Does Obesity Really Cause Infertility?


It’s hard to escape the fact that America has an obesity epidemic. Regarding women, there is an ever-increasing understanding of the correlation between obesity and infertility. It has been commonly hypothesize that obesity causes infertility but a recent study by Penn State researchers rejects that.
In 2007, Dodson’s own recent research at the Penn State Hershey College of Medicine confirmed that obese women undergoing infertility treatments needed higher doses of infertility drugs than normal-weight or overweight women.
“What we once held as dogma is now starting to fall apart,” he says. “We thought that if a woman’s obesity was not affecting her ovulatory function, her fertility would be similar to a normal-weight woman’s. But this does not appear to be true.” Studies like these led to the hypothesis that obesity must be associated with infertility. One study I found interesting was Van der Steeg’s and his colleagues.

  • They followed 3,029 couples who were having trouble conceiving on their own.

  • All the couples had spent a year or more trying to conceive, and none had obvious reasons for fertility problems — the women were ovulating and had at least one functioning fallopian tube, and the men had normal semen analyses.

  • The couples were followed until pregnancy was achieved or until they started fertility treatments. In addition to a fertility history, the women’s weight, height, and smoking status were measured at study entry.

  • The women were classified as underweight, normal weight, overweight, or obese based on their body mass index (BMI).

  • As measured by the BMI, a 5-foot 6-inch woman who weighs 115 to 154 pounds is considered normal weight (BMI of 18.5 to 24.9). If she weighs between 155 to 185 pounds she is considered overweight (BMI of 25 to 29.9), and she would be considered obese at a weight of 186 or more (BMI of 30+).

  • 10% were obese, with BMIs of 30 or more. These women had the most trouble conceiving during the yearlong observation.

  • For example, a woman with a BMI of 35 was found to be 26% less likely to achieve a spontaneous pregnancy than women who were normal weight or overweight but not obese.

  • A woman with a BMI of 40 or more was 43% less likely to get pregnant.


Initially, I read the article and I believed it and didn’t analyze it. But I’m really starting to think critically about everything I read. As I re-read the results I noticed a big limitation in this study. The frequency of intercourse was not taken into account. I’m no scientist but I think it can be commonly agreed that obesity can lead to more stress and less desire to have sex. So , sex definitely has to be factor to why normal weight women are 43% more likely to get pregnant. And how about the weight and health of the men?… Do you guys notice any other discrepancies with this study?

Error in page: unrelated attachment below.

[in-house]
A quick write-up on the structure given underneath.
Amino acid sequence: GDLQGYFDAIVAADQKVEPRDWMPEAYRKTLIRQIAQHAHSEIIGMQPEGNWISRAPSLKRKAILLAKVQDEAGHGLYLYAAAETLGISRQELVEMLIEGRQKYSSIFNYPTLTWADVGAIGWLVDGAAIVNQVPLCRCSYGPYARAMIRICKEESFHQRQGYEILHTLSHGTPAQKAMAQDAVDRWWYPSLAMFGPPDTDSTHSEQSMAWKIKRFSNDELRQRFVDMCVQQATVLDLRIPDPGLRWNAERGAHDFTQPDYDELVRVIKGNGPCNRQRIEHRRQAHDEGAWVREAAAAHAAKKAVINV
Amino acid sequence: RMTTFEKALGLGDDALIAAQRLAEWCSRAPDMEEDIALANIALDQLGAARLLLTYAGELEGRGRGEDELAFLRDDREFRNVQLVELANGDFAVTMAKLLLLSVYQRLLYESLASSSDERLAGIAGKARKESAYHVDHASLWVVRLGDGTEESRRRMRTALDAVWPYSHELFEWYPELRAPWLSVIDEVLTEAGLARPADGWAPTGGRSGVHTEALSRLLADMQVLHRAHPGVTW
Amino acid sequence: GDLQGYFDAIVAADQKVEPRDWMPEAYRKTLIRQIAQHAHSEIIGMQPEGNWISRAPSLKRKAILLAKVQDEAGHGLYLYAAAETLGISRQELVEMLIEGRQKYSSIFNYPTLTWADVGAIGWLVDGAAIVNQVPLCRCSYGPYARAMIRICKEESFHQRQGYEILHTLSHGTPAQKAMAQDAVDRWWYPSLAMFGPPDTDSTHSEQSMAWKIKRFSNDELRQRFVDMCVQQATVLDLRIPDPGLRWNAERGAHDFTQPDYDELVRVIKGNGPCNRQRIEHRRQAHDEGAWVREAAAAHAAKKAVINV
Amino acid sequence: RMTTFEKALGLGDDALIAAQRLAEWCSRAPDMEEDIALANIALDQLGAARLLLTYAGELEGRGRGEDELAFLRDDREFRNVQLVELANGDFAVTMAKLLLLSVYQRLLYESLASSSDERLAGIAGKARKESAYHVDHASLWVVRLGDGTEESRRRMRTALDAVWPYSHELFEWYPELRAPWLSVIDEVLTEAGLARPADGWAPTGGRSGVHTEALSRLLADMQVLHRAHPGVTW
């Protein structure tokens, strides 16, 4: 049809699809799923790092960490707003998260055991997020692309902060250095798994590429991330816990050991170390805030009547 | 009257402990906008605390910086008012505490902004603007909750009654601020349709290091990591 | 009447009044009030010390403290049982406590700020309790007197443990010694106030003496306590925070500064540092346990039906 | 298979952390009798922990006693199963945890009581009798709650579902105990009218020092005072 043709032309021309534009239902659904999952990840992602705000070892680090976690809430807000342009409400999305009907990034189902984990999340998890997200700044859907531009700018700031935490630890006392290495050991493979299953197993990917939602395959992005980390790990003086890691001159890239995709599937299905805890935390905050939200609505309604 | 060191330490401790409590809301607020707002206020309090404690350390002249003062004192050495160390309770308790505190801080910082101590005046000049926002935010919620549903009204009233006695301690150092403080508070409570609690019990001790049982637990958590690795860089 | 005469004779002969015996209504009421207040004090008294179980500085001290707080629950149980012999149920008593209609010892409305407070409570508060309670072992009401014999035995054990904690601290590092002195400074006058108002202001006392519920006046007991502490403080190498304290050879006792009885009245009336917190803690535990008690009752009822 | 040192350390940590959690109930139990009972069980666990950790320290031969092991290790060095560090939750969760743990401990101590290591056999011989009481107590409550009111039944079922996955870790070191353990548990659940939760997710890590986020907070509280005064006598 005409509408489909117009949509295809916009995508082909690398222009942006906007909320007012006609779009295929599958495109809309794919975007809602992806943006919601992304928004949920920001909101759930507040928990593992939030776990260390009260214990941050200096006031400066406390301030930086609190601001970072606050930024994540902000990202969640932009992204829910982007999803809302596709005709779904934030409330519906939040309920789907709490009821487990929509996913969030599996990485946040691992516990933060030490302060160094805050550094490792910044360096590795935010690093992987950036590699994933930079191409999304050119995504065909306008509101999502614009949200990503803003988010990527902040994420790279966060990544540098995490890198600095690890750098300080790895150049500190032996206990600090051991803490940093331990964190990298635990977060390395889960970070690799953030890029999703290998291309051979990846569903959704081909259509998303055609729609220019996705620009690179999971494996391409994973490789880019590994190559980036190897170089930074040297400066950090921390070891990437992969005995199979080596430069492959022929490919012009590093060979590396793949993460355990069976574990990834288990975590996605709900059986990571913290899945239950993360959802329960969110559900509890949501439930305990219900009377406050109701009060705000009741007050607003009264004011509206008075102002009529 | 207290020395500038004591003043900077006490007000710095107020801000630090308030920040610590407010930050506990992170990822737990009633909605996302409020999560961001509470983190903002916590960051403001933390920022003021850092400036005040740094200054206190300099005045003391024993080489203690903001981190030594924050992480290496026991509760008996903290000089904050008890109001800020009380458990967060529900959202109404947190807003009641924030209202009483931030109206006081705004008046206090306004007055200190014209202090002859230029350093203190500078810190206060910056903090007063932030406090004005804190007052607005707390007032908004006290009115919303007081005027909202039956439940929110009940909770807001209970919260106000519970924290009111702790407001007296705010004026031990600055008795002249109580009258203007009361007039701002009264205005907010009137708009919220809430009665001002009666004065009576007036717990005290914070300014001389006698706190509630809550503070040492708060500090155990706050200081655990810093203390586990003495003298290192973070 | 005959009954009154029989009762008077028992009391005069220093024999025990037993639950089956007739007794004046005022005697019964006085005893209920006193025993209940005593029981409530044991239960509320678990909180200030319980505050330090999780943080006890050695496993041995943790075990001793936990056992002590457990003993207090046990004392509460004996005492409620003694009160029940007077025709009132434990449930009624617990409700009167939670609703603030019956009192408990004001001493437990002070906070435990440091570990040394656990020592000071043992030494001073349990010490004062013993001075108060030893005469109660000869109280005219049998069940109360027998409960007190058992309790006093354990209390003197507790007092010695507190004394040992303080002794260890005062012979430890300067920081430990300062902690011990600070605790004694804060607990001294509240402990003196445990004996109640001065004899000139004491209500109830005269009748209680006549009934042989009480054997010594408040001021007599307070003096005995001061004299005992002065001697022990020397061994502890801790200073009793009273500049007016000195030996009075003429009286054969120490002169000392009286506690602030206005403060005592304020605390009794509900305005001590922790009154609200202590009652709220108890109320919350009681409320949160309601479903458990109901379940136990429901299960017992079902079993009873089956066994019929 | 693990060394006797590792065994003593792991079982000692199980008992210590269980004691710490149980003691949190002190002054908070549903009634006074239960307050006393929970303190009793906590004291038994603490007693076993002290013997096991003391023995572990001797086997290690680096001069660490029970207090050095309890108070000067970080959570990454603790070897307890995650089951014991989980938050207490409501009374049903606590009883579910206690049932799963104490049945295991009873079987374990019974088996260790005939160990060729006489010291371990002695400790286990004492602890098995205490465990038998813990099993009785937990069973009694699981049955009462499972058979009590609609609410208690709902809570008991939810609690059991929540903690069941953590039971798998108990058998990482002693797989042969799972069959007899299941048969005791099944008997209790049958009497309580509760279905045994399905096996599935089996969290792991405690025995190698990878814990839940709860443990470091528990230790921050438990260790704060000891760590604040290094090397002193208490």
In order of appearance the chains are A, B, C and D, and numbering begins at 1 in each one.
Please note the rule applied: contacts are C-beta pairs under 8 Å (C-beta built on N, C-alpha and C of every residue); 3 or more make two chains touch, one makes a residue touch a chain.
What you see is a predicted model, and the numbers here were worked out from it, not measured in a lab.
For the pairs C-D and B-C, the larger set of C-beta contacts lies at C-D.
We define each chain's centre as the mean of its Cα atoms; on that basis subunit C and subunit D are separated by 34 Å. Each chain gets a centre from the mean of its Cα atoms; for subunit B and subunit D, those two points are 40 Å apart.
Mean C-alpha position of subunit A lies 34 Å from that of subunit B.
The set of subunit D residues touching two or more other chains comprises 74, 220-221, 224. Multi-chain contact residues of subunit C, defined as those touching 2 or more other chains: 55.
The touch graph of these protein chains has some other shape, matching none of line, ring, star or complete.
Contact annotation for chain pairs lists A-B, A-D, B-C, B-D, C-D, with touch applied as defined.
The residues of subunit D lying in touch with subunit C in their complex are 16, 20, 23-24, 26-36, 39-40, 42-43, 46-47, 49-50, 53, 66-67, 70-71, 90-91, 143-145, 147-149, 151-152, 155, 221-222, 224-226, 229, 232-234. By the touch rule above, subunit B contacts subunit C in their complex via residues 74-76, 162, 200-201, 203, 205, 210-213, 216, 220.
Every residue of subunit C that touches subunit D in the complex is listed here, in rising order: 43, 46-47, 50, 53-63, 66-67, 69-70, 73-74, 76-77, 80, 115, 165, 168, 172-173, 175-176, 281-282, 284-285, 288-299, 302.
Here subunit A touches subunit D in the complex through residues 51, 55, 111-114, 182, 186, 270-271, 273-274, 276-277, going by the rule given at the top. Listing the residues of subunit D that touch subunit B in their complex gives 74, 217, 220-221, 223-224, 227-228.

infertility4.jpeg A very recent study by the Penn State College of Medicine researchers followed 29 morbidly obese women for two years after gastric bypass surgery. I couldn’t find the paper or details on the study. The results were that the “effects of weight loss on reproductive function are more modest than hypothesized. In terms of ovulation, there doesn’t appear to be improvement after surgery. Other factors may be involved with infertility in obese women, such as diminished sexual desire and thus less intercourse.”
Maybe this study should have also included a third group, of normal weight women as well.


Personally, I believe that obesity isn’t directly correlated to infertility because there are many other confounding variables such as a reduced sex life and maybe it is more common for obese women to be with obese men making it even more difficult to get pregnant. It goes without saying that obesity is unhealthy and it can raise the risks for practically every health problem but I don’t think obesity really causes infertility. What do you guys think?


I never really took the possibility of obesity being a factor in infertility. However, after reading your blog I vaguely remembered hearing that people that increased obesity affects a woman's menstrual cycle. After some further research I found that an obese woman produces too much estrogen because of the abnormal amount of fat cells she has. This tricks the body into thinking it is pregnant and will stop the ovaries from producing estrogen. Since the body experiences irregular periods, I would think that this has a huge thing to do with infertility in obese women.

I think that your weight can effect your ability to get pregnant. Doctors constantly tell women who are trying to conceive that they should look at their diets. Some people go so far as to go on to the "fertility diet". This consists of decreased alcohol consumption, caffeine consumption, increasing your iron consumption and many other restrictions. Possibly the link between the obsess and infertility is not their weight rather than their diet. Proper nutrition does not guarantee conception but it can increase fertility.

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